Minuteman II

The LGM-30F Minuteman II was an intercontinental-range, silo-based, solid-fueled ballistic missile. It was the second generation of the Minuteman ICBM family, following the Minuteman I.

Minuteman II at a Glance

Originated From: United States
Possessed By: United States
Class: Intercontinental Ballistic Missile (ICBM)
Basing: Silo-based
Length: 18.2 m
Diameter: 1.87 m (first stage), 1.31 m (second stage)
Launch Weight: 31,746 kg
Payload: Single warhead, Mk 11C RV with penetration aids
Warhead: W-56, 1.2 mT Nuclear
Propulsion: Three-stage, solid propellant
Range: 12,500 km
Status: Obsolete
In Service: 1965-1994

minuteman ii

Minuteman II Development

The development of the LGM-30F Minuteman II started in October 1963, less than a year after the Minuteman I came into use. In many respects, the Minuteman II was a tuned-up version of its predecessor.1 The Minuteman II added an improved guidance system which used miniaturized electronic circuits and components. The use of these components in the guidance system allowed for multiple target selection, a higher degree of accuracy, reduced the weight of the guidance system, and improved the systems’ reliability.  Additionally, it used an elongated motor assembly which allowed for more fuel storage and increased the systems’ reliability, range, and payload capacity. This increase in payload capacity was necessary for the missile to carry the heavier 1.2 mT warhead and more penetration aids, increasing the chance that the missile could destroy an enemy silo.2

The first Minuteman II test took place in September 1964 and met all objectives.3 Other early tests proved successful as well, leading to an expedited deployment.  The missile entered service in 1965.4

Service History

The Minuteman II entered service in 1965 and production of the missile ended in 1967. By 1969, most of the 800 Minuteman I missiles had been replaced by Minuteman IIs.  While some new silos were constructed, many of the new Minuteman missiles were placed in the old silos. Due to the more advanced capabilities and larger dimensions of the new missile, the launch control centers and Minuteman I silos chosen to house the second generation Minuteman had to be upgraded and expanded.5

Like the rest of its series, the Minuteman II was designed to be deployed in large numbers in order to force potential enemies to expend their nuclear arsenal attacking silos instead of cities.  As such, it formed the “quantity” component of the U.S. nuclear triad’s land-based leg.6 The missile’s lower yield and single warhead designs were offset by the Titan II and Peacekeeper missiles respectively.

Due to strategic arms reduction treaties between the U.S. and the Soviet Union, only 450 Minuteman IIs were listed as being in service by 1990.  After the Soviet Union’s collapse on December 26, 1991, the United States began retiring the Minuteman IIs, with all missiles being rendered non-operational by 1995.7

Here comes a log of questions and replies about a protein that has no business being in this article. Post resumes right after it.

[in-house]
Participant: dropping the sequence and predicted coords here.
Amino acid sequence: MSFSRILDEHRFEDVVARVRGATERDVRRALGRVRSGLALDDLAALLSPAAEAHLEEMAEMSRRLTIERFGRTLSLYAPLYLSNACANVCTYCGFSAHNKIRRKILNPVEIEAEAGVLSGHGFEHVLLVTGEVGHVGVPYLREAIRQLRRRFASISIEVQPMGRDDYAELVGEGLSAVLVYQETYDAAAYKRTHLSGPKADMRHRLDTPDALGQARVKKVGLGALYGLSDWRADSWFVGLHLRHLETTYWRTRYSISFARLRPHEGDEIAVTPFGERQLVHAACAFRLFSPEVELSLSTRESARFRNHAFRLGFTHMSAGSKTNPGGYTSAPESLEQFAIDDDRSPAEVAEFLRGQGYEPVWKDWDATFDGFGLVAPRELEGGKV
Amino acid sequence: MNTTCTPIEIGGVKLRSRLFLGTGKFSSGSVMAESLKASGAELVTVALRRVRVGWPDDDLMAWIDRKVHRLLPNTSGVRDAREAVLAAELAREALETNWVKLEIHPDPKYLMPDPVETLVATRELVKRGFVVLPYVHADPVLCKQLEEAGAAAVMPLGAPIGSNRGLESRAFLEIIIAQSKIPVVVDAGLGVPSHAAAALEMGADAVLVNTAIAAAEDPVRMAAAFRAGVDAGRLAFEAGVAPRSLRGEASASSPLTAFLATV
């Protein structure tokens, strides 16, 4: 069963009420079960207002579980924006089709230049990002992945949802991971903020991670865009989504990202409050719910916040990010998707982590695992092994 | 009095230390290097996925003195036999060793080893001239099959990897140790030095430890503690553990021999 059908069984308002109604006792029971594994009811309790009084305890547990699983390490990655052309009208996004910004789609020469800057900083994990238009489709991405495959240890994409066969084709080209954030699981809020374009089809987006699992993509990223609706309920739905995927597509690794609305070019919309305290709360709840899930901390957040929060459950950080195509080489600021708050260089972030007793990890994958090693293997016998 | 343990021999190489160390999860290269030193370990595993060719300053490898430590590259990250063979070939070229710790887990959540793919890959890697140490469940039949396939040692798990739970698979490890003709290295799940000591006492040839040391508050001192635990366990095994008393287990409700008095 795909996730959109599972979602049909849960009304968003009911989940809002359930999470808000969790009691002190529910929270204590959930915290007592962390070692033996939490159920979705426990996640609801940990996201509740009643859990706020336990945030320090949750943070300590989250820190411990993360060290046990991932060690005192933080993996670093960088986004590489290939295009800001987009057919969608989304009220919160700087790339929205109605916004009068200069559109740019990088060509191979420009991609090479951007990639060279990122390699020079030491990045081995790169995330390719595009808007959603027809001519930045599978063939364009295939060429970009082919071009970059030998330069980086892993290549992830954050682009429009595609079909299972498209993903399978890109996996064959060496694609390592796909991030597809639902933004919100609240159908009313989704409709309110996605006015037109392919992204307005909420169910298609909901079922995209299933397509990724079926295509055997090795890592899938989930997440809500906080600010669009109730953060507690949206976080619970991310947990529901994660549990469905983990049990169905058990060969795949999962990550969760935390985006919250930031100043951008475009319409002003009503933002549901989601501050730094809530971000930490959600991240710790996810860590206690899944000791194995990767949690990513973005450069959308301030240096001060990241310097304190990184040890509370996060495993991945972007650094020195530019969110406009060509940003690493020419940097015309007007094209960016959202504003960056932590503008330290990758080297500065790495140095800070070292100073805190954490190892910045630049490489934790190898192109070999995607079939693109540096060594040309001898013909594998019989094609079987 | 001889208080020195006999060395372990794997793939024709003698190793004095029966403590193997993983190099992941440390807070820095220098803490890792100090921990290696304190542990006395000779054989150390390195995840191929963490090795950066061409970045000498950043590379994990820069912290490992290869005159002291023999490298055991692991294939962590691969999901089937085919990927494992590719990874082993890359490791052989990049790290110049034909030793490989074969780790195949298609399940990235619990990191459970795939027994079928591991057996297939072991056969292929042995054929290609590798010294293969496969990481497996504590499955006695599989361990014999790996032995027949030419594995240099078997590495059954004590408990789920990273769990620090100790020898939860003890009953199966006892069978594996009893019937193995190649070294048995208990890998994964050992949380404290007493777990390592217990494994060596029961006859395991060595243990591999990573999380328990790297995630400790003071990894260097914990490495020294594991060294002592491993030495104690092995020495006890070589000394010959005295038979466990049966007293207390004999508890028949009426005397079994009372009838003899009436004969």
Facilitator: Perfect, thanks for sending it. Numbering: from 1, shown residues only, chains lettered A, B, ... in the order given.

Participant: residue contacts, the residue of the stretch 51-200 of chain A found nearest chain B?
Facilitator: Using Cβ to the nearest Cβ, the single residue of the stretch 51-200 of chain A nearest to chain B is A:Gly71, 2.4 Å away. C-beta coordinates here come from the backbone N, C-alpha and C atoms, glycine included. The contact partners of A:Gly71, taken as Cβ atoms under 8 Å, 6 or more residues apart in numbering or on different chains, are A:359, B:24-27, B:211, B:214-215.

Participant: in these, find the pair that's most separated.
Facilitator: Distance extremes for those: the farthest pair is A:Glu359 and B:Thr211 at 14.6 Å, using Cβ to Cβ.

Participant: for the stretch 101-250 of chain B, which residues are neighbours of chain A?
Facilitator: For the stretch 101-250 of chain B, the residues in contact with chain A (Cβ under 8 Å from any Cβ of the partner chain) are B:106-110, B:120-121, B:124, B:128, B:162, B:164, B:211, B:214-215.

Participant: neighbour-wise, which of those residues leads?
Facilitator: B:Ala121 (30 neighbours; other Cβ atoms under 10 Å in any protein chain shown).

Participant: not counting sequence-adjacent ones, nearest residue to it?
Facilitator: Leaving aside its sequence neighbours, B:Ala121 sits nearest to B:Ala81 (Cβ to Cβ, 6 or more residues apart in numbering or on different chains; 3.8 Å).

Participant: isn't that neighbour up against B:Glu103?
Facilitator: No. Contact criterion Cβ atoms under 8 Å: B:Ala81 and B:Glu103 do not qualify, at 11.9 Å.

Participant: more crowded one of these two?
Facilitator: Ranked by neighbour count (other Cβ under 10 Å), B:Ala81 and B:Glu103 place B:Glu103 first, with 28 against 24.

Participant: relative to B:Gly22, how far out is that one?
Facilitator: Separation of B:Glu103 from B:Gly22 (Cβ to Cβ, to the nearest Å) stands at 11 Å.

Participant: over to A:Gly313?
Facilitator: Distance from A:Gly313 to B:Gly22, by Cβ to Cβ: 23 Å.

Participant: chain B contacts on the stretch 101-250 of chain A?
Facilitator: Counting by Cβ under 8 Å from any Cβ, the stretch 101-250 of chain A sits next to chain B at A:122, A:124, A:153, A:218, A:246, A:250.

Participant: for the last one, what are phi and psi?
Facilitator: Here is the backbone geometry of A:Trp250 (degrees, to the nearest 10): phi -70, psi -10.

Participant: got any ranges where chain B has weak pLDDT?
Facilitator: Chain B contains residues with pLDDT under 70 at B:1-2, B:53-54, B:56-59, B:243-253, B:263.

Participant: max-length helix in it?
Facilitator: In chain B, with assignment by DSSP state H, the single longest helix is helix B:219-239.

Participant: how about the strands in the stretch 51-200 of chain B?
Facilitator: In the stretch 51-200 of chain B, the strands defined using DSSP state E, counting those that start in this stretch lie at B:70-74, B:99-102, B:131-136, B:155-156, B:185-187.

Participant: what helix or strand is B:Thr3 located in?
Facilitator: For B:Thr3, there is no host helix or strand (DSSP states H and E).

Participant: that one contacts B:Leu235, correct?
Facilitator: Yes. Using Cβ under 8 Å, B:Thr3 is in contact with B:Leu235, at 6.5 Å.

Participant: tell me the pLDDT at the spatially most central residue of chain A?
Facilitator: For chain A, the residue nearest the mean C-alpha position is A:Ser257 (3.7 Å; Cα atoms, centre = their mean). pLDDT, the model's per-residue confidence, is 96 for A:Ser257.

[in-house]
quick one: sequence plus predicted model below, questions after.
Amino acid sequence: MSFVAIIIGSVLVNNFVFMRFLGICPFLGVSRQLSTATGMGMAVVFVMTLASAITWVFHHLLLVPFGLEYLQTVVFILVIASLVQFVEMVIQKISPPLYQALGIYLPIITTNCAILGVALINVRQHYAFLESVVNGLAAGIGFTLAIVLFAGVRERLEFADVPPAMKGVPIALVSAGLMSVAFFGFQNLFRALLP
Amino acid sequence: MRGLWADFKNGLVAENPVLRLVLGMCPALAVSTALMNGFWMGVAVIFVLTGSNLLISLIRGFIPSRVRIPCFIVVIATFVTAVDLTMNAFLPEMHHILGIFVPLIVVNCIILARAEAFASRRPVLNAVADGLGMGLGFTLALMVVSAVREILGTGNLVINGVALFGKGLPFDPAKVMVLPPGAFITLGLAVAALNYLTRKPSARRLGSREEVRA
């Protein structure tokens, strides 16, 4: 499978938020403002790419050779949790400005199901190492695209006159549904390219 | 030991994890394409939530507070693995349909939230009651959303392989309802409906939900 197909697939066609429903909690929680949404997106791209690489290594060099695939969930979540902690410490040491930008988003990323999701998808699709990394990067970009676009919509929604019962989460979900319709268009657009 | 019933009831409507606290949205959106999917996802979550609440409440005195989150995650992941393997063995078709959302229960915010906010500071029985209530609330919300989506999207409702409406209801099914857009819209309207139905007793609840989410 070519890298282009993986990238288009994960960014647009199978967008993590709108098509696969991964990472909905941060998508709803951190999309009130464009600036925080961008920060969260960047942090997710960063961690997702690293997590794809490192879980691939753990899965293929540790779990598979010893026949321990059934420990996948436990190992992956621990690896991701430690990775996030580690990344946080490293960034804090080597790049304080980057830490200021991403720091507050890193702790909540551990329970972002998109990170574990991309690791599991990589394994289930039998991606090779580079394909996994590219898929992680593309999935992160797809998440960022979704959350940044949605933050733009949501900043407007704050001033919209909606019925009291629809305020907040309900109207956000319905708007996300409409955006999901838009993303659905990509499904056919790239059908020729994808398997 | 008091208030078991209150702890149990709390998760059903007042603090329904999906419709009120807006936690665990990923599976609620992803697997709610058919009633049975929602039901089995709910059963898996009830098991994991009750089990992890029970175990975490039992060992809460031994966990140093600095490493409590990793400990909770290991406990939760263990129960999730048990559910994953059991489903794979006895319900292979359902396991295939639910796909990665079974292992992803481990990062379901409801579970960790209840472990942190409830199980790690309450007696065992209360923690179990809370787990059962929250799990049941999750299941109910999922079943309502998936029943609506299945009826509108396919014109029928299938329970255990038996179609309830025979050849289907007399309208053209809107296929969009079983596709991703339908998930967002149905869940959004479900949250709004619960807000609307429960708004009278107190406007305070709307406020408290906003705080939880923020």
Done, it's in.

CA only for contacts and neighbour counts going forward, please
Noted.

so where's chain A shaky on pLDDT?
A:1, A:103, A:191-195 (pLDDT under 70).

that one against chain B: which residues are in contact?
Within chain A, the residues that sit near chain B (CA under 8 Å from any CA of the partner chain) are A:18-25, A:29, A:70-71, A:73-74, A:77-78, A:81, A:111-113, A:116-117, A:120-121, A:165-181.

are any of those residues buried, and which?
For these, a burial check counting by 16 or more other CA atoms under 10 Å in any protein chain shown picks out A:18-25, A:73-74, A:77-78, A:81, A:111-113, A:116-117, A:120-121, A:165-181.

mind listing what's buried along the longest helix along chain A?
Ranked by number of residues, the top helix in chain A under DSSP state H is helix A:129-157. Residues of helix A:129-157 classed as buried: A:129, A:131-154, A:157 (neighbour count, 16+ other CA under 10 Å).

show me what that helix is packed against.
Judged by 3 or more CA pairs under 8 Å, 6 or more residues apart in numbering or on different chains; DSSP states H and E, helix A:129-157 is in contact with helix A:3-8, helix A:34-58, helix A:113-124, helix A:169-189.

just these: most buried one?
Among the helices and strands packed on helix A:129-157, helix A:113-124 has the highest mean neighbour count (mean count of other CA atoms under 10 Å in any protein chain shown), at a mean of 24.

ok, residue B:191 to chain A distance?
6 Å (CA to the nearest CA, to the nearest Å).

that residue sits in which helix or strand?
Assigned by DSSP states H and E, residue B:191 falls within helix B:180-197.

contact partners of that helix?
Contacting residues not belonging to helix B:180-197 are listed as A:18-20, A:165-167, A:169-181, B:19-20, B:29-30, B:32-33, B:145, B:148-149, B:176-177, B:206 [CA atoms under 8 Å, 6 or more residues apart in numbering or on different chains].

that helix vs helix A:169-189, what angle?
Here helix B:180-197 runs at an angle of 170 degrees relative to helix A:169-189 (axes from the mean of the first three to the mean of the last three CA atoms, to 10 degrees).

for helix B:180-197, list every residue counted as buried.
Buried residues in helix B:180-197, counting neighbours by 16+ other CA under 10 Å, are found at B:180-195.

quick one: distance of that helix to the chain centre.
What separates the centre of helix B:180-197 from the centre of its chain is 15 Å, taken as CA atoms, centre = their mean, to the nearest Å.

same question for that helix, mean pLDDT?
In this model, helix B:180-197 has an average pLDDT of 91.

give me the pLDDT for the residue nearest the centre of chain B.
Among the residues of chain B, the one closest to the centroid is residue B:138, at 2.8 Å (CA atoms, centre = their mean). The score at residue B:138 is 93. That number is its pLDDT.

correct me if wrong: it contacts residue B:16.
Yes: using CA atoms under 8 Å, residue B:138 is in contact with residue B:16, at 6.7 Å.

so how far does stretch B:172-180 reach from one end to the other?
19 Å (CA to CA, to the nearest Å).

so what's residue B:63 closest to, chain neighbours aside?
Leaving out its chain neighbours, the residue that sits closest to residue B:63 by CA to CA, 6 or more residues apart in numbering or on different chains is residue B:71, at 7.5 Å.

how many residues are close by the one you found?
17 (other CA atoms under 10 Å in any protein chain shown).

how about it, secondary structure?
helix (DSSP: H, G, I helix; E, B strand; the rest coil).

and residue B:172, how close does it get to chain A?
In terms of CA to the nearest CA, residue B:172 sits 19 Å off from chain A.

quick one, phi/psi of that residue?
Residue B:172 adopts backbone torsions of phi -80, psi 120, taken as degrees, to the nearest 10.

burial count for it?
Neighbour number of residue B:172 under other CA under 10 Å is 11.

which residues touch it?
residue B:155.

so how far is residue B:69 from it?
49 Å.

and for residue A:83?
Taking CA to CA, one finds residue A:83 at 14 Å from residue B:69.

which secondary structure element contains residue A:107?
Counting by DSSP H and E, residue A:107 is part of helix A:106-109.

Upon decommissioning, a number of deactivated Minuteman II missiles were converted into orbital and sub-orbital launch vehicles. The U.S. also began to use the Minuteman II to deploy or act as anti-ballistic missile test targets and to test missile defense radar systems.8 The missile was also used as a surrogate booster for Exo-atmospheric Kill Vehicles (EKV) between 1997 and 2002.9 Despite the missile being out of production, Aerojet Corporation built an additional 60 Minuteman II second stage boosters for use in developing anti-missile defense systems. 10

On December 15, 1997, the last Minuteman II silo was destroyed at Whitman Air Force Base in Missouri.11


The Minuteman II had a range of 12,500 km (7,767 miles) and an accuracy of 200 m CEP. The accuracy was obtained by an inertial navigation system controlled by a pre-programmed digital computer. The missile carried a single Mark 11C RV equipped with penetration aids to decrease the effectiveness of Soviet anti-missile systems. The RV had a W56 nuclear warhead with a yield of 1.2 MT. The missile had a length of 18.2 m, a maximum body diameter of 1.8 and a launch weight of 31,746 kg. It had a three-stage solid propellant engine.12

    1. Federation of American Scientists, “LGM-30F Minuteman II,” https://fas.org/nuke/guide/usa/icbm/lgm-30_2.htm, February 16, 2017.
    2. ICBM System Program Office, “Minuteman Weapon System History and Description,” July 2001, 31.
    3. “Minuteman 2 Hits Bullseye in First Test,” in Chicago Tribune, September 25, 1964.
    4. Thomas Cochran, “Minuteman II” in U.S. Nuclear Forces and Capabilities (Cambridge: Ballinger Publishing Company, 1984), 113.
    5. The Military Standard, “LGM-30F Minuteman II Overview,” http://themilitarystandard.com/missile/minuteman2/overview.php, February 17, 2017.
    6. ICBM Systems Program Office, 11-12.
    7. Ibid, 13.
    8. Veronique de Turenne, “The twilight launch of a Minuteman II missile from…,” Los Angeles Times, June 24, 1997.
    9. Missile Defense Agency, “Missile Defense Tests Conducted,” News Release, December 11, 2002.
    10. Duncan Lennox, “LGM-30F Minuteman II” in Jane’s Strategic Weapon Systems (Offensive Weapons) (London: IHS Global, 2011.)
    11. Federation of American Scientists, “Last Minuteman II missile silo imploded,” https://fas.org/nuke/guide/usa/icbm/n19971222_971628.html, February 16, 2017.
    12. Lennox.